Sydney 'unequivocally' in housing bubble: Treasury chief

A house with a 'For Sale/Sold' sign in Sydney. Source: AAP

Treasury secretary John Fraser has warned that Sydney is "unequivocally" in a housing bubble, and raised concerns about the amount of money being poured into the housing market with interest rates so low.

Treasury secretary John Fraser has warned that Sydney is "unequivocally" in a housing bubble, and raised concerns about the amount of money being poured into the housing market with interest rates so low.

"When you look at the housing price bubble evidence, it's unequivocally the case in Sydney. Unequivocally".

"When you look at the housing price bubble evidence, it's unequivocally the case in Sydney. Unequivocally," Mr Fraser told a Senate committee. 

"Frankly, whatever the data says, just casual observation can tell you it's the case."

He says the same applied to parts of Melbourne, while for the rest of Australia evidence of a bubble was "less compelling". 

"Certainly I think that's the case in the higher priced areas of Melbourne, and I base that on my own observation as well as the data" he said.

Mr Fraser told a Senate committee he is concerned about the size of investment in property buying as well as restoration projects.

"Frankly, whatever the data says, just casual observation can tell you it's the case."

"It does worry me that the historically low level of interest rates are encouraging people to perhaps over invest in housing," Mr Fraser said.

Asked in Question Time, whether he agreed with Mr Fraser, Mr Abbott said "I want housing to be affordable, but nevertheless I also want house prices to be modestly increasing".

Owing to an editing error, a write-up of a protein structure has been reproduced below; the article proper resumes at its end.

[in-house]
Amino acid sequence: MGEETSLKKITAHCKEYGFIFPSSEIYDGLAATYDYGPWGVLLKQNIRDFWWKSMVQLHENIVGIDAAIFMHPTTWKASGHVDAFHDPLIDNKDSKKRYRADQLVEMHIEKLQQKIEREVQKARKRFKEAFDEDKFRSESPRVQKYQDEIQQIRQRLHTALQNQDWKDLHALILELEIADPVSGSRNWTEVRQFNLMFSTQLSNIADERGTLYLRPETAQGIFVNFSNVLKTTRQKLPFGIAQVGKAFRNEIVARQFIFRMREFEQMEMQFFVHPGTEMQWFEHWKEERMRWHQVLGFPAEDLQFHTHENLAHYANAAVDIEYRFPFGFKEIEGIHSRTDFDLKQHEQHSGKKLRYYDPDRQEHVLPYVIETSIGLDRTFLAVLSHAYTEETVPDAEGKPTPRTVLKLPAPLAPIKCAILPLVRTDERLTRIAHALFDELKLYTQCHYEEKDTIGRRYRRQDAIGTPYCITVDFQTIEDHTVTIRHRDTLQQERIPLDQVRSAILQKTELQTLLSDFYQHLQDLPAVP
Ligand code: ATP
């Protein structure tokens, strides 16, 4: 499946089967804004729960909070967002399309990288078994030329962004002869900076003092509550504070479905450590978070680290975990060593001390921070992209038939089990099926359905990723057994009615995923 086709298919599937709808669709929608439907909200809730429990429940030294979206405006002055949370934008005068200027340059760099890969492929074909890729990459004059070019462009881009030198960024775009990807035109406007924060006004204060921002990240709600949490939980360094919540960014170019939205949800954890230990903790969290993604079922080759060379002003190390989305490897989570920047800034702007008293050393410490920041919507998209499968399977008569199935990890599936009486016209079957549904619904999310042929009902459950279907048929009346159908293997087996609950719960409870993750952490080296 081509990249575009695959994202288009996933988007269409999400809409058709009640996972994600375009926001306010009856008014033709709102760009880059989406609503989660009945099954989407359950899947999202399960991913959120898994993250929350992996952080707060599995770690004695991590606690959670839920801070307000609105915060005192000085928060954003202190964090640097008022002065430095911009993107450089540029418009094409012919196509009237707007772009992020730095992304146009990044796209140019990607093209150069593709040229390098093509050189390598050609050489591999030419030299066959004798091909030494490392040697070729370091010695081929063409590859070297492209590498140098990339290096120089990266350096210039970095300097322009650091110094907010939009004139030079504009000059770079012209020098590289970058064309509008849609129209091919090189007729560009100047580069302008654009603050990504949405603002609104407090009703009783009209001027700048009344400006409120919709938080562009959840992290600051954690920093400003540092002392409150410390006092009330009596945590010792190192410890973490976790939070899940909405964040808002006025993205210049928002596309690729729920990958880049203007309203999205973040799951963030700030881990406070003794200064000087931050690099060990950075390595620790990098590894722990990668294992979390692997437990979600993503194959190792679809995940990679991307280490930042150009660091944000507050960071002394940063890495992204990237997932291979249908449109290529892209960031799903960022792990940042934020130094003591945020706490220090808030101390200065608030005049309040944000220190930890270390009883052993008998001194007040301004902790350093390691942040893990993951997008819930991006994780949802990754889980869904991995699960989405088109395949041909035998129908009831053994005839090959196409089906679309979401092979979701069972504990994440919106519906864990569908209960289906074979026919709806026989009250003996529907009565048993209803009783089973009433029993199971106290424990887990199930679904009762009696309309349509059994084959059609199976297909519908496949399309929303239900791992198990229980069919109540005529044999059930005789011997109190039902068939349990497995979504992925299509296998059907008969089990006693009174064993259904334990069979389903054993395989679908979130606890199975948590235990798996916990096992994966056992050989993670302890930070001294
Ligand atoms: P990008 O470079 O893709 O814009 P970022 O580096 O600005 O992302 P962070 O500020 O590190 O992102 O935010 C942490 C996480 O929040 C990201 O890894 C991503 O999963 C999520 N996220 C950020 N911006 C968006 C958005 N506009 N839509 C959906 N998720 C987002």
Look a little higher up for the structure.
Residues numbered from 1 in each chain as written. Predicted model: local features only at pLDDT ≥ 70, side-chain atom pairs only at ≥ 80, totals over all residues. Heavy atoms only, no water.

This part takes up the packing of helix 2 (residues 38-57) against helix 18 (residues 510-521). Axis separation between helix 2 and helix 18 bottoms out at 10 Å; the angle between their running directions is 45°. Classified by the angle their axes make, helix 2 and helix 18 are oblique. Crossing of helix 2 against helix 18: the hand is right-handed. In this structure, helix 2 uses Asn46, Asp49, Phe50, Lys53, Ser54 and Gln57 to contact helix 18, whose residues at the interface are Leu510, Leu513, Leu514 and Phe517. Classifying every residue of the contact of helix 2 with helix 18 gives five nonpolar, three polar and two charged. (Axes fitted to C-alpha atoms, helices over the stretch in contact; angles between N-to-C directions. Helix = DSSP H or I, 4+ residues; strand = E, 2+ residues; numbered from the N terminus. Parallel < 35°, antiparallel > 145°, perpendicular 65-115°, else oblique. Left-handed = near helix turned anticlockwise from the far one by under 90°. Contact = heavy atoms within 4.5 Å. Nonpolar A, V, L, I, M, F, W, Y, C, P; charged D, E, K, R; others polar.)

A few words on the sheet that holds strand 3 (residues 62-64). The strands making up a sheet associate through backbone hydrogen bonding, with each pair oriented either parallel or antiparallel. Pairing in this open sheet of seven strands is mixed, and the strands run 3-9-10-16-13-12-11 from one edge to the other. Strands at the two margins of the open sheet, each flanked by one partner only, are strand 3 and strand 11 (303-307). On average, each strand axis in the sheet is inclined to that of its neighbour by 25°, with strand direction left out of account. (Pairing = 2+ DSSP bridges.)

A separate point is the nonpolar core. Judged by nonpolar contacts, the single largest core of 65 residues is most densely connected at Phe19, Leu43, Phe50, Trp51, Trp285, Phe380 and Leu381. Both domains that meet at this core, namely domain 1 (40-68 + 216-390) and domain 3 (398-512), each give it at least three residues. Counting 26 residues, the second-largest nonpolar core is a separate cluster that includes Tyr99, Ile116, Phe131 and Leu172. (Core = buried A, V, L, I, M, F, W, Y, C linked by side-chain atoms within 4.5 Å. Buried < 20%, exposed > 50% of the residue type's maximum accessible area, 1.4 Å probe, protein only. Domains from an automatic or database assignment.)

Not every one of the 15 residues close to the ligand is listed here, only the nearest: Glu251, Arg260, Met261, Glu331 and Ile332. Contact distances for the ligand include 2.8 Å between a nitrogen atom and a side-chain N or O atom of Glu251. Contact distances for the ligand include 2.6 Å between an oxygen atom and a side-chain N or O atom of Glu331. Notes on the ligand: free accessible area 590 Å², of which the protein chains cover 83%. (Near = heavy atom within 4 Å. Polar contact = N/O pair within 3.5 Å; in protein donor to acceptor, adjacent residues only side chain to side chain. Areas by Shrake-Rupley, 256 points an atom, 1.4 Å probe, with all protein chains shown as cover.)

"As someone who, along with the bank, owns the house in Sydney, I do hope that our housing prices are increasing," the PM told Parliament.

The issue of a possible housing bubble was discussed during Question Time as the latest CoreLogic RP Data home value index showed home values across the nation dipped in May for the first time in six months. 

Median values across all the capital cities dropped 0.9 per cent in the month, with falls recorded everywhere except Darwin and Canberra, the latest CoreLogic RP Data home value index shows.

Its measure of Sydney home values fell 0.7 per cent in May, Melbourne's dropped 1.7 per cent, and Hobart took the sharpest fall, with values down 2.7 per cent.

The figures, which are based on the value of all homes whether they are on the market or not, came as Treasury boss John Fraser warned of a housing bubble in Sydney and parts of Melbourne.

While CoreLogic RP Data's value index fell for most capital cities, sale prices in Sydney and Melbourne continued to rise in May, taking median prices in Sydney past $750,000.

CoreLogic RP Data's head of research Tim Lawless said the falls in value were a natural correction after months of strong growth, but are not expected to last.

Record low interest rates and a well-received federal budget are likely to continue to drive buyer interest, he said.

"Other market indicators are also pointing to stronger conditions for the Sydney and Melbourne housing markets, with auction clearance rates remaining at or close to record highs throughout May, along with low advertised stock levels across the largest cities, particularly for Sydney," Mr Lawless said.

Even with May's value dip, Sydney's booming property market added 15 per cent in the past 12 months, while Melbourne homes are nine per cent higher.

Conditions on all other capital cities are far more subdued, and values in Darwin and Hobart have fallen two per cent and one per cent respectively in that period.

MEDIAN HOME VALUES IN MAY, AND MEDIAN SALE PRICES

* Hobart, down 2.7pct, $328,000
* Melbourne, down 1.7pct, $569,500
* Brisbane, down 0.8pct, $463,000
* Sydney, down 0.7pct, $752,000
* Perth, down 0.5pct, $510,000
* Adelaide, down 0.2pct, $400,000
* Darwin, up 0.6pct, $520,000
* Canberra, up 1.4pct, $549,000
Source: RP Data

-With AAP

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